Arthur Miller and T.S. Eliot are two 20th century American playwrights. hile the latter is more commonly noted for expatriating to Britain and writing some of the most memorable poetry of the early 20th century, the former is noted for his famous depiction of the common man's struggle to find meaning and fulfillment in Death of a Salesman. As distinct as the two writers may seem, they both conceive of and treat the theme of beauty -- Miller analyzing its absence in Salesman, and Eliot analyzing its abandonment in several poems like "The Love Song of J. Alfred Prufrock" and "The asteland." This paper will compare and contrast both writers and show how they deal with the theme of beauty in their works.

The Absence of Beauty in Salesman and "Prufrock"

Beauty is missing from illy Loman's…… [Read More]

Works Cited

Aristotle. "Poetics." Internet Classics Archive. Web. 12 Oct 2011.

Barstow, Marjorie. "Oedipus Rex as the Ideal Tragic Hero of Aristotle." The Classical

Weekly 6.1 (1912): 2-4. Print.

Blasing, Mutlu Konuk. American Poetry: The Rhetoric of Its Forms. New Haven: Yale
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Diverse Poems

Words: 909 Length: 3 Pages Document Type: Essay Paper #: 94315198

T.S. Eliot, Lawrence Ferlinghetti, & Ezra Pound

"Preludes" by T.S. Eliot adopts a slant rhyme pattern to convey the state of his thoughts as he writes the poem. The poem basically illustrates the Voice/Poet's thoughts about the seemingly busy, yet tiresome and uninteresting lives of the people in the urban areas (cities). Eliot paints this tiresome and uninteresting picture of human life in the city by slant rhymes, reflecting the continuous stream of unorganized thoughts of the poet. For example, slant rhyming occurs in lines 2 and 4, where "passageways" and "smoky days" are used. However, towards the end of the poem, slant rhyming is instead replaced with end-rhymes (lines 12 and 13, with rhymes used "stamps" and "lamps"), proving once again the presence of 'unstable' and changing thoughts of the poet.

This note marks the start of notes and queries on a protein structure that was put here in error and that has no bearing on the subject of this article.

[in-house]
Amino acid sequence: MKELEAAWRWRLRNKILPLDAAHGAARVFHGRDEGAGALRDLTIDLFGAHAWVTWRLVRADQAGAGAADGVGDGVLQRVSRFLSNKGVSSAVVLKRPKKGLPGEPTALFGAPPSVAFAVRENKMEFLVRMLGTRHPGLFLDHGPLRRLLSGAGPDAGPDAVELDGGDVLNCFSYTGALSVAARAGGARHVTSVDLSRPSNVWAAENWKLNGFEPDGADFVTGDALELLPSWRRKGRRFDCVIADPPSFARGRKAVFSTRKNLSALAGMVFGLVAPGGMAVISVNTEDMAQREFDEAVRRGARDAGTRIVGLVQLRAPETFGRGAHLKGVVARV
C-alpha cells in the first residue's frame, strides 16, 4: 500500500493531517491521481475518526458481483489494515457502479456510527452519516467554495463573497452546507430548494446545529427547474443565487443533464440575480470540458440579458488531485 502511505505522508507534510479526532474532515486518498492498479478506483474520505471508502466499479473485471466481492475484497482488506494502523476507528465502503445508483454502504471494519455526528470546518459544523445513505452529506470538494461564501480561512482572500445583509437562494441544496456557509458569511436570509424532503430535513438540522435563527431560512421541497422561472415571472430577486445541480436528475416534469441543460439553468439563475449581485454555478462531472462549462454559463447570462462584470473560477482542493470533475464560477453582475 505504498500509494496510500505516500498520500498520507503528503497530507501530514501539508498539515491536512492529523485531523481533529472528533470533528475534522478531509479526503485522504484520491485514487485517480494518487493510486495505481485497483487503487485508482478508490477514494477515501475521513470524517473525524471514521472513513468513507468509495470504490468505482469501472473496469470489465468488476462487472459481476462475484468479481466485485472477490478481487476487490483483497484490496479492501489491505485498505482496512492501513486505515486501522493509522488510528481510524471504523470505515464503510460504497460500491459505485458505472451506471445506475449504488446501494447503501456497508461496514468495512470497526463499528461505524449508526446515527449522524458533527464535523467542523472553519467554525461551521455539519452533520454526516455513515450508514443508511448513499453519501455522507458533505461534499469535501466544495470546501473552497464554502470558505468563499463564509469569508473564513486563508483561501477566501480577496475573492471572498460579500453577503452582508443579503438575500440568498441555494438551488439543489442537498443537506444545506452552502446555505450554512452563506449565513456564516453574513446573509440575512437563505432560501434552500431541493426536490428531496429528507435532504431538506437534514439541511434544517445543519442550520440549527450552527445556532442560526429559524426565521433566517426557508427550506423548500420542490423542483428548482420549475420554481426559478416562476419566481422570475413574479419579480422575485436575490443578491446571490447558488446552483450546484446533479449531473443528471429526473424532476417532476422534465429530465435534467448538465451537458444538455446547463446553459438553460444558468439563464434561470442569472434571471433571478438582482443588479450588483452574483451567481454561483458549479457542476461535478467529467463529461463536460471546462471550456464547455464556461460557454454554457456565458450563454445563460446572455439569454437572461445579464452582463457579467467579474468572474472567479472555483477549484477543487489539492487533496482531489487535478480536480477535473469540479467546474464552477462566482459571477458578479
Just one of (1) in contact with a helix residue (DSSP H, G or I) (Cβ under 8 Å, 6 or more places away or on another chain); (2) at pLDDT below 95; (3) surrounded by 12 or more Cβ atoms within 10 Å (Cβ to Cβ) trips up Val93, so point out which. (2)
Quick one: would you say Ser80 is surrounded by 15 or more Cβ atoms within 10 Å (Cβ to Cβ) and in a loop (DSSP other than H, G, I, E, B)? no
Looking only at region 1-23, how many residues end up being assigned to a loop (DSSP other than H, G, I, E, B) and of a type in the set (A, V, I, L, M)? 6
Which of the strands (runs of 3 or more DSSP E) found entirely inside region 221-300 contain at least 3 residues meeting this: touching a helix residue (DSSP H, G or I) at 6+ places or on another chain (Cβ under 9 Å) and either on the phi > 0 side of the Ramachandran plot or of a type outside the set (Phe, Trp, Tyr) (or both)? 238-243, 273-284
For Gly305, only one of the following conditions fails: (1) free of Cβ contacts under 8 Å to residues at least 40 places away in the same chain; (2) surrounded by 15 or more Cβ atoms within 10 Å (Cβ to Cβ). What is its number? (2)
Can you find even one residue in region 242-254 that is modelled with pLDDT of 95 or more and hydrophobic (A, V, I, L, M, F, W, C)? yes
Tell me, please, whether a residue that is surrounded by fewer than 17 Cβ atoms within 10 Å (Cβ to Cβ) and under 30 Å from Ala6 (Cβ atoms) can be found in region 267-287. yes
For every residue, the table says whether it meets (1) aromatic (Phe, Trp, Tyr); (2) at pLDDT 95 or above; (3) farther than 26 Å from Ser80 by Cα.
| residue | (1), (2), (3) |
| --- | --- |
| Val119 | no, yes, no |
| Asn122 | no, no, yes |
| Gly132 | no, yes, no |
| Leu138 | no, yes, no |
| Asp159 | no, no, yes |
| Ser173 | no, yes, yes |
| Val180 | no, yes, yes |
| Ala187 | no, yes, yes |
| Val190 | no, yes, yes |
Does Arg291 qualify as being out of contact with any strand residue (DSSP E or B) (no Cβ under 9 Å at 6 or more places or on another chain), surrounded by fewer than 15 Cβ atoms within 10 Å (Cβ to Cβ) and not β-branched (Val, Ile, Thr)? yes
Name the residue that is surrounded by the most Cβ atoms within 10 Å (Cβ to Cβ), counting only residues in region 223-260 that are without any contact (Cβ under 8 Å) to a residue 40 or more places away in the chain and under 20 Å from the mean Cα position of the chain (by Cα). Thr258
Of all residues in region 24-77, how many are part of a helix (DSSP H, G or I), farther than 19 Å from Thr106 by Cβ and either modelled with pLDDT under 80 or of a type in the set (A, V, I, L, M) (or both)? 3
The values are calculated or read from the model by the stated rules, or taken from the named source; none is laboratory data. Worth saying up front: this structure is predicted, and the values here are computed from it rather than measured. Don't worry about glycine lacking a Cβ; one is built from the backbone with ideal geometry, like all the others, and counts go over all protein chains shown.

"The pennycandystore beyond the El" by Lawrence Ferlinghetti utilizes symbolism to effectively depict his thoughts about the fleeting…… [Read More]

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Hollow Men According to C K

Words: 747 Length: 3 Pages Document Type: Essay Paper #: 60252235

We see the stone images raised again to indicate soulless worshipping. It is used to highlight the impurity and insincerity of worshippers:

At the hour when we are Trembling with tenderness

Lips that would kiss

Form prayers to broken stone.

The fourth section is actually that twilight zone that hollow men dreaded. The fear of meeting the eyes had already been overcome. It is their absence which is disturbing now:

As the perpetual star

Multifoliate rose

Of death's twilight kingdom

The absence of eyes in the 'twilight kingdom' suggests that this part if yet another version of the world. Here reappearance of eyes would mean rekindling of spirit and rebirth of soul and conscience. The return of eyes is now a hope- 'the hope only'. The syntax is deliberately ambiguous- 'This broken jaw of our lost kingdoms' evokes a powerful and mysterious image of things in the twilight kingdom. The…… [Read More]

References

C.K. Stead, The New Poetic: Yeats to Eliot (Penguin, 1967 edn), 167-70
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Modernist Aesthetic Theories Developed at

Words: 2219 Length: 7 Pages Document Type: Essay Paper #: 59183697



Likewise, Ezra Pound put forth another modernist aesthetic theory, which was founded on the concept of imagism. He proposed that emotion always creates a pattern in the mind of the author, and thus, the work of art is created following that pattern:

Intense emotion causes pattern to arise in the mind-if the mind is strong enough. Perhaps I should say, not pattern, but pattern-units, or units of design. (I do not say that intense emotion is the sole possible cause of such units. I say simply that they can result from it. They may also result from other sorts of energy.)(..)" by pattern-unit or vorticist picture I mean the single jet. The difference between the pattern-unit and the picture is one of complexity. The pattern-unit is so simple that one can bear having it repeated several or many times. hen it becomes so complex that repetition would be useless, then…… [Read More]

Works Cited

Cohn, Allan M. Work in Progress: Joyce Centenary Essays, Illinois: Southern Illinois University, 1993

Eliot, Thomas Stearns Sacred Wood,  http://www.bartelby.com/200/sw4.html 

Eliot, Thomas Stearns the Waste Land,  http://eliotswasteland.tripod.com